AC

/

BC

and

ABC

12.6 Simpson’s Paradox

12.7 Connection between Log-Linear Models and Logistic Regression

Reference

Chapter 13: Implications and Uses of Birch’s Result

13.1 Birch’s Result

13.2 Iterative Scaling

13.3 The Hierarchy Constraint

13.4 Inclusion of the All-Factor Interaction

13.5 Mostellerizing

References

Chapter 14: Model Selection for Log-Linear Models

14.1 Three Variables

14.2 More than Three Variables

Reference

Chapter 15: Incomplete Tables, Dummy Variables, and Outliers

15.1 Incomplete Tables

15.2 Quasi-Independence

15.3 Dummy Variables

15.4 Detection of Outliers

Chapter 16: Panel Data and Repeated Measures

16.1 The Mover-Stayer Model

16.2 The Loyalty Model

16.3 Symmetry

16.4 Quasi-Symmetry

16.5 The Loyalty-Distance Model

References

Appendix: R Code for Cobweb Function

Index

Author Index

Index of Examples

EULA

Chapter 1

Table 1.1

Table 1.2

Table 1.3

Table 1.4

Table 1.5

Table 1.6

Chapter 2

Table 2.1

Chapter 3

Table 3.1

Table 3.2

Table 3.3

Table 3.4

Table 3.5

Chapter 4

Table 4.1

Table 4.2

Table 4.3

Table 4.4

Table 4.5

Table 4.6

Chapter 6

Table 6.1

Chapter 7

Table 7.1

Table 7.2

Table 7.3

Table 7.4

Table 7.5

Table 7.6

Table 7.7

Table 7.8

Table 7.9

Chapter 8

Table 8.1

Table 8.2

Table 8.3

Table 8.4

Chapter 9

Table 9.1

Table 9.2

Table 9.3

Table 9.4

Table 9.5

Table 9.6

Table 9.7

Table 9.8

Table 9.9

Table 9.10

Table 9.11

Table 9.12

Table 9.13

Table 9.14

Chapter 10

Table 10.1

Table 10.2

Table 10.3

Table 10.4

Table 10.5

Table 10.6

Table 10.7

Table 10.8

Table 10.9

Table 10.10

Table 10.11

Chapter 11

Table 11.1

Table 11.2

Table 11.3

Table 11.4

Table 11.5

Table 11.6

Chapter 12

Table 12.1

Table 12.2

Chapter 13

Table 13.1

Table 13.2

Chapter 14

Table 14.1

Table 14.2

Table 14.3

Table 14.4

Table 14.5

Table 14.6

Chapter 15

Table 15.1

Table 15.2

Table 15.3

Table 15.4

Table 15.5

Table 15.6

Table 15.7

Table 15.8

Chapter 16

Table 16.1

Table 16.2

Table 16.3

Table 16.4

Table 16.5

Table 16.6

Table 16.7

Table 16.8

Cover

Table of Contents

Preface

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This book is aimed at all those who wish to discover how to analyze categorical data without getting immersed in complicated mathematics and without needing to wade through a large amount of prose. It is aimed at researchers with their own data ready to be analyzed and at students who would like an approachable alternative view of the subject. The few starred sections provide background details for interested readers, but can be omitted by readers who are more concerned with the “How” than the “Why.”

As the title suggests, each new topic is illustrated with an example. Since the examples were as new to the writer as they will be to the reader, in many cases I have suggested preliminary visualizations of the data or informal analyses prior to the formal analysis. Any model provides, at best, a convenient simplification of a mass of data into a few summary figures. For a proper analysis of any set of data, it is essential to understand the background to the data and to have available information on all the relevant variables. Examples in textbooks cannot be expected to provide detailed insights into the data analyzed: those insights should be provided by the users of the book in the context of their own sets of data.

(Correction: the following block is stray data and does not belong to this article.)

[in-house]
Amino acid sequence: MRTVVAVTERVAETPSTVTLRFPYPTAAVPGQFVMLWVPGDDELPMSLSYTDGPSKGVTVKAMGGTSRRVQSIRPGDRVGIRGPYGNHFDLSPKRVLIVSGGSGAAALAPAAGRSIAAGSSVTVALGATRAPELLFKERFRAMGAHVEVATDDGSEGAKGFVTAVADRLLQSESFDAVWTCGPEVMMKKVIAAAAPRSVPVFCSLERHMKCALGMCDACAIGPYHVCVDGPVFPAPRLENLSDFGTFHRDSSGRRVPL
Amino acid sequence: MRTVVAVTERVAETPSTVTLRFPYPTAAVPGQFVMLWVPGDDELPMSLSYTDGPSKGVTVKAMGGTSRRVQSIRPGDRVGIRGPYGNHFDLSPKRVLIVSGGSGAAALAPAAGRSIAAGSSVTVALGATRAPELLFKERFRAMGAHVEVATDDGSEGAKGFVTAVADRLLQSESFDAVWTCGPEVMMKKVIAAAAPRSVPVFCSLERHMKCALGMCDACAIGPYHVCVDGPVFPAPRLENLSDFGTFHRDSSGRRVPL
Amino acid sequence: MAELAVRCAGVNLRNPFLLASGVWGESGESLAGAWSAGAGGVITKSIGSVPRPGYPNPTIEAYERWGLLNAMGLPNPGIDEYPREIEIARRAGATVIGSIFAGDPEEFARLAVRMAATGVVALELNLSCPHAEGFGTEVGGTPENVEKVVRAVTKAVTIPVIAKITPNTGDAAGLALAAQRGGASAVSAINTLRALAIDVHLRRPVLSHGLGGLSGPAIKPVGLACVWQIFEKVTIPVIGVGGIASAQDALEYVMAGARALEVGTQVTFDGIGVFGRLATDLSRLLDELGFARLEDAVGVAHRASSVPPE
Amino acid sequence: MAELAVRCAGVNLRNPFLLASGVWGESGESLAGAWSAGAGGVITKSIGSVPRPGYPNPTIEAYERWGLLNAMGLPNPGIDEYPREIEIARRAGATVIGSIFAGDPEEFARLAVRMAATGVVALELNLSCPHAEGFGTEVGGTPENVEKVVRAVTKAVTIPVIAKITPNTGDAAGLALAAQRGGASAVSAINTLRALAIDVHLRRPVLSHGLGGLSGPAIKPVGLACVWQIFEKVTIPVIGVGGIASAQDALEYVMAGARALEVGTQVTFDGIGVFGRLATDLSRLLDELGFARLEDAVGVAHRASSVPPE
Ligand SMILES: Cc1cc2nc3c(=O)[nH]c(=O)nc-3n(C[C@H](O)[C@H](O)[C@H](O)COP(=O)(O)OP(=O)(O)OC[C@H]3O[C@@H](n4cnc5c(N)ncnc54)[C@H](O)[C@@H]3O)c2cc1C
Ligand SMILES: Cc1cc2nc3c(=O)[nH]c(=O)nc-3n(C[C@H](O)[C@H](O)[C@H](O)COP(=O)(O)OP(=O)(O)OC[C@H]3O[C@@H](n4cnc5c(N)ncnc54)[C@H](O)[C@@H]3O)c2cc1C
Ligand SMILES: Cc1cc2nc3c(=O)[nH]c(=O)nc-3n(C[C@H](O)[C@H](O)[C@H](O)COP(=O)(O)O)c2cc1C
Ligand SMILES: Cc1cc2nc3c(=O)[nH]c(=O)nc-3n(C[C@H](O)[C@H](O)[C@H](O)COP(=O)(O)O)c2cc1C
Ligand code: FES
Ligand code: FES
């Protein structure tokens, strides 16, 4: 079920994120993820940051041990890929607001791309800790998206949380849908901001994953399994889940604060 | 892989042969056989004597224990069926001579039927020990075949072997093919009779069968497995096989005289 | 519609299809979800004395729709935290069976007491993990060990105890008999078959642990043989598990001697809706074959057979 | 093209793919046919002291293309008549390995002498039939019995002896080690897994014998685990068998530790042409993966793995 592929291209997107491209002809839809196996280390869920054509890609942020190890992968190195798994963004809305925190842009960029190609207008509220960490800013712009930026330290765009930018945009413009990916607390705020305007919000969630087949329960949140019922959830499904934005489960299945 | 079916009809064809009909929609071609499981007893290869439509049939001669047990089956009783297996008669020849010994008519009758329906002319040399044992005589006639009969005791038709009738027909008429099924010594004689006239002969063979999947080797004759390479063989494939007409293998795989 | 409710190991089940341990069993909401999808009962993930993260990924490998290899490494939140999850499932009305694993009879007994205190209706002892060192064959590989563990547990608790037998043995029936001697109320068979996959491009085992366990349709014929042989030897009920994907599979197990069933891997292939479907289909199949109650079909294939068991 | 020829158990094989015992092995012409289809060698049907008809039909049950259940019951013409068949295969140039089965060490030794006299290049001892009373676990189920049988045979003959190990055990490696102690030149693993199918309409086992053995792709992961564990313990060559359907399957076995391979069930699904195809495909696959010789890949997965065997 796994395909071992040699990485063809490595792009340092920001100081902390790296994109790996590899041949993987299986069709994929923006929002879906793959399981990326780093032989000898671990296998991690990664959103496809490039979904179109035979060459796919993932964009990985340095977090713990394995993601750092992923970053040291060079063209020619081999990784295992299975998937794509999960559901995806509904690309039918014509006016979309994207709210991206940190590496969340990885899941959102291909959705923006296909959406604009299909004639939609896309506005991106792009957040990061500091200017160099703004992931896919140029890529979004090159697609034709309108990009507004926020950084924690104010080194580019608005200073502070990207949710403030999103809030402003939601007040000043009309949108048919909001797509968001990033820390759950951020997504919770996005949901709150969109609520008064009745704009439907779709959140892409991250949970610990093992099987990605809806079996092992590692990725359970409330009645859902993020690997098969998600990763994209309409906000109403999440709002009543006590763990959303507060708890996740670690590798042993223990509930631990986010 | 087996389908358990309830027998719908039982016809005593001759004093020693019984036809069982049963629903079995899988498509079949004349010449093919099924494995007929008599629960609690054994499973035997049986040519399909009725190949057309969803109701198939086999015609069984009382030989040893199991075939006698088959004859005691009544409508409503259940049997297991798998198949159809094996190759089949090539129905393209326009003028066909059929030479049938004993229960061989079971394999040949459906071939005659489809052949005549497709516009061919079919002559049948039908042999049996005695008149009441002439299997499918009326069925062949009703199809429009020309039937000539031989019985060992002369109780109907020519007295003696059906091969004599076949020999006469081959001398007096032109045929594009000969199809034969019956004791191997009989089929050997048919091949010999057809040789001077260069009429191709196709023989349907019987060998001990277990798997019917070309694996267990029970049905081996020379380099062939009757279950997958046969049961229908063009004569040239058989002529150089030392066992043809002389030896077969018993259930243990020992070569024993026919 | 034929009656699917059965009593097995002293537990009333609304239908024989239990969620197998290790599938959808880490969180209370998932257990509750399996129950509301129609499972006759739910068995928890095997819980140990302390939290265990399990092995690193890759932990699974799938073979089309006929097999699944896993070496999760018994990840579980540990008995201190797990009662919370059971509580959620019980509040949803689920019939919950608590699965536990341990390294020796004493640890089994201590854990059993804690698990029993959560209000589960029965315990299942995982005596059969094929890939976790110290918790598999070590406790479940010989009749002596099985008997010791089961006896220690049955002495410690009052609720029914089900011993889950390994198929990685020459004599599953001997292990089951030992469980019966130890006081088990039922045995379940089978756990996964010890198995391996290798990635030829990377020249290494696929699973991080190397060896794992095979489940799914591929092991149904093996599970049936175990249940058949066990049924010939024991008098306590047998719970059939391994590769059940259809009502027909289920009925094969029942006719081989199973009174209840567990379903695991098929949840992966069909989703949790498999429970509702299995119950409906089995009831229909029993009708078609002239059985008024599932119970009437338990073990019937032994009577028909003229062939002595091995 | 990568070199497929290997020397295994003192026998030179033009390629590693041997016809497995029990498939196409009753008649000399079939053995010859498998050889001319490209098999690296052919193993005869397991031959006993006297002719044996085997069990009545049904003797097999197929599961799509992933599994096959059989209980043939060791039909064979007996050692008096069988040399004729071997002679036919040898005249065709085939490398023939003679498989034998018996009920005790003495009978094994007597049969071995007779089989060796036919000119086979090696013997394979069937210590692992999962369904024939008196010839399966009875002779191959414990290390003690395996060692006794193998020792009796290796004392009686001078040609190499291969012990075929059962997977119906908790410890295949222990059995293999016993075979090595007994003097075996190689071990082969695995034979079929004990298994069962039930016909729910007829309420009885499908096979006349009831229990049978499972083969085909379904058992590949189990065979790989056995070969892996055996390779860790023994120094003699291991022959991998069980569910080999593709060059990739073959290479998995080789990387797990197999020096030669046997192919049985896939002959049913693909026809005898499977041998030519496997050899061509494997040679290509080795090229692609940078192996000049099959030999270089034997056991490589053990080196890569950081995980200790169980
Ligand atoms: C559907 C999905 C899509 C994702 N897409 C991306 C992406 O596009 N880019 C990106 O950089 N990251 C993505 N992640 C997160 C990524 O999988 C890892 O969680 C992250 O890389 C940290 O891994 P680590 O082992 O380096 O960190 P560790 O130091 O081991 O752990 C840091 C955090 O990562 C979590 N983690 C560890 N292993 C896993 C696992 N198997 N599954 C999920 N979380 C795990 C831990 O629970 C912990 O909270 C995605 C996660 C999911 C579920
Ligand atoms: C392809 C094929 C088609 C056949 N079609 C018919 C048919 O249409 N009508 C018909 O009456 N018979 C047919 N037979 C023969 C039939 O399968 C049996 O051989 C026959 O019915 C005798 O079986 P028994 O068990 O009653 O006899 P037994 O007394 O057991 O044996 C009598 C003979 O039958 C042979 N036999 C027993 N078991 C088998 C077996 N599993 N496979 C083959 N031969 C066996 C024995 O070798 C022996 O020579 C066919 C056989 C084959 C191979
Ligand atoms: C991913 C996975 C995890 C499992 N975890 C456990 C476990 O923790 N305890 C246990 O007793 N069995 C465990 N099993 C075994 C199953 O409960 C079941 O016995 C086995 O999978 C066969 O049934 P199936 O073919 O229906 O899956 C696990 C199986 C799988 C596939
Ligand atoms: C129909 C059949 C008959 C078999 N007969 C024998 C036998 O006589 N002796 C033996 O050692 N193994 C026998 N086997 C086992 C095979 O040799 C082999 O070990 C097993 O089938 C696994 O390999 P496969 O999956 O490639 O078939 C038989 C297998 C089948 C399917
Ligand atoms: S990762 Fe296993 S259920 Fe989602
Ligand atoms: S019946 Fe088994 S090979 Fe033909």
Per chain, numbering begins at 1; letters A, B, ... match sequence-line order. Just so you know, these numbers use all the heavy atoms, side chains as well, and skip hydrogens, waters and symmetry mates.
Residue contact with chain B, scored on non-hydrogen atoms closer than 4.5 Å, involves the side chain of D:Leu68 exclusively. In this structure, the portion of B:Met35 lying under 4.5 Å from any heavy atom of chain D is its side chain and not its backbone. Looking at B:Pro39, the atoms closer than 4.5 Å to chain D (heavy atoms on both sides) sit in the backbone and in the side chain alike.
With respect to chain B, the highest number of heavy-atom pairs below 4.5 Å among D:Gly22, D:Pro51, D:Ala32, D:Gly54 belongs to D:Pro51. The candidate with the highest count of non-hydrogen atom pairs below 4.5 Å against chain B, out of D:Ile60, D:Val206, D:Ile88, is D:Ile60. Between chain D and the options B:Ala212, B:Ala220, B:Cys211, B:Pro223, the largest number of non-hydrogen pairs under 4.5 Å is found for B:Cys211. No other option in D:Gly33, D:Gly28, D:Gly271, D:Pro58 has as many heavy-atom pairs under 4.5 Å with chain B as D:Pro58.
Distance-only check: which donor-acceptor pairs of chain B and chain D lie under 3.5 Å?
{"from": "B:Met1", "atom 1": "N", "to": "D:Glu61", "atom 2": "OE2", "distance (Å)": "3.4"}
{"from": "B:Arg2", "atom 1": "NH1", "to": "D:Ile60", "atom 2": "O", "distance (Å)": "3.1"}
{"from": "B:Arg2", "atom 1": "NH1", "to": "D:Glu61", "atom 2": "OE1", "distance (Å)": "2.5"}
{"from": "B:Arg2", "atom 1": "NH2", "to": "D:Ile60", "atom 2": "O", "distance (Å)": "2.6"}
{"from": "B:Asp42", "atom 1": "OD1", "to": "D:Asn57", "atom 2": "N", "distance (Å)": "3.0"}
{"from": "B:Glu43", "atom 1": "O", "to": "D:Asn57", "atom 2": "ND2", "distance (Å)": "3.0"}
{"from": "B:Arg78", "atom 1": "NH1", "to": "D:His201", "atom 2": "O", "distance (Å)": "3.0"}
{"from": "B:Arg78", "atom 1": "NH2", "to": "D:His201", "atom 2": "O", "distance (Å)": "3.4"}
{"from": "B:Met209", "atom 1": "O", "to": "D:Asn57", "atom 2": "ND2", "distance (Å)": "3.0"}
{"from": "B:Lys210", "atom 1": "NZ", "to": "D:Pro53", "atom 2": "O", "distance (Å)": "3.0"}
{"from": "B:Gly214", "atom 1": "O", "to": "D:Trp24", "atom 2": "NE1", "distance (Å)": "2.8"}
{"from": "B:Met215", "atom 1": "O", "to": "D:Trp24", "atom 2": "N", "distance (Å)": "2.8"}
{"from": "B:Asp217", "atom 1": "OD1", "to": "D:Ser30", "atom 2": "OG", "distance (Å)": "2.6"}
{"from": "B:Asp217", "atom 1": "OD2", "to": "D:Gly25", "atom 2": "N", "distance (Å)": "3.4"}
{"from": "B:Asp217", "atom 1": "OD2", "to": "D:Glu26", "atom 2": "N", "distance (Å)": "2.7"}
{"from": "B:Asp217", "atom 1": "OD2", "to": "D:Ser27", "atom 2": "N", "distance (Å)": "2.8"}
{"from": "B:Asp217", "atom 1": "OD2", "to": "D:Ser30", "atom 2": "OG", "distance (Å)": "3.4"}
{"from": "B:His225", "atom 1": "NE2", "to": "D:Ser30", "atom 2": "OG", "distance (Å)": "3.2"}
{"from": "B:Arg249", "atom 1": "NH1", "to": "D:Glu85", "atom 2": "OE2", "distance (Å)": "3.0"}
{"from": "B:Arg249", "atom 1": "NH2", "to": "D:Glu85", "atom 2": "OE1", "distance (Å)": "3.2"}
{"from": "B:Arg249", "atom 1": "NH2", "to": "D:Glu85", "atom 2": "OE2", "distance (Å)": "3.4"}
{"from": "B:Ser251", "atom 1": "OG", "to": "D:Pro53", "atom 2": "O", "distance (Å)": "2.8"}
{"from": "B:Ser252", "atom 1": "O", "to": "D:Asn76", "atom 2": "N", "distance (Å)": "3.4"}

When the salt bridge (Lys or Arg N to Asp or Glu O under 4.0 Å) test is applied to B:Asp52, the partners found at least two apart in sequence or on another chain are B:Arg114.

In many cases (particularly in the later chapters), R code is given and excerpts from the resulting output are presented. R was chosen simply because it is free! The thrust of the book is about the methods of analysis, rather than any particular programming language. Users of other languages (SAS, STATA, ...) would obtain equivalent output from their analyses; it would simply be presented in a slightly different format. The author does not claim to be an expert R programmer, so the example code can doubtless be improved. However, it should work adequately as it stands.

In the context of log-linear models for cross-tabulations, two “specialties of the house” have been included: the use of cobweb diagrams to get visual information concerning significant interactions, and a procedure for detecting outlier category combinations. The R code used for these is available and may be freely adapted.

GRAHAM J. G. UPTON

Wivenhoe, EssexMarch, 2016

A first thanks go to generations of students who have sat through lectures related to this material without complaining too loudly!

I have gleaned data from a variety of sources and particular thanks are due to Mieke van Hemelrijck and Sabine Rohrmann for making the NHANES III data available. The data on the hands of blues guitarists have been taken from the Journal of Statistical Education, which has an excellent online data resource. Most European and British data were abstracted from the UK Data Archive, which is situated at the University of Essex; I am grateful for their assistance and their permission to use the data. Those interested in election data should find the website of the British Election Study helpful. The US crime data were obtained from the website provided by the FBI. On behalf of researchers everywhere, I would like to thank these entities for making their data so easy to re-analyze.

GRAHAM J. G. UPTON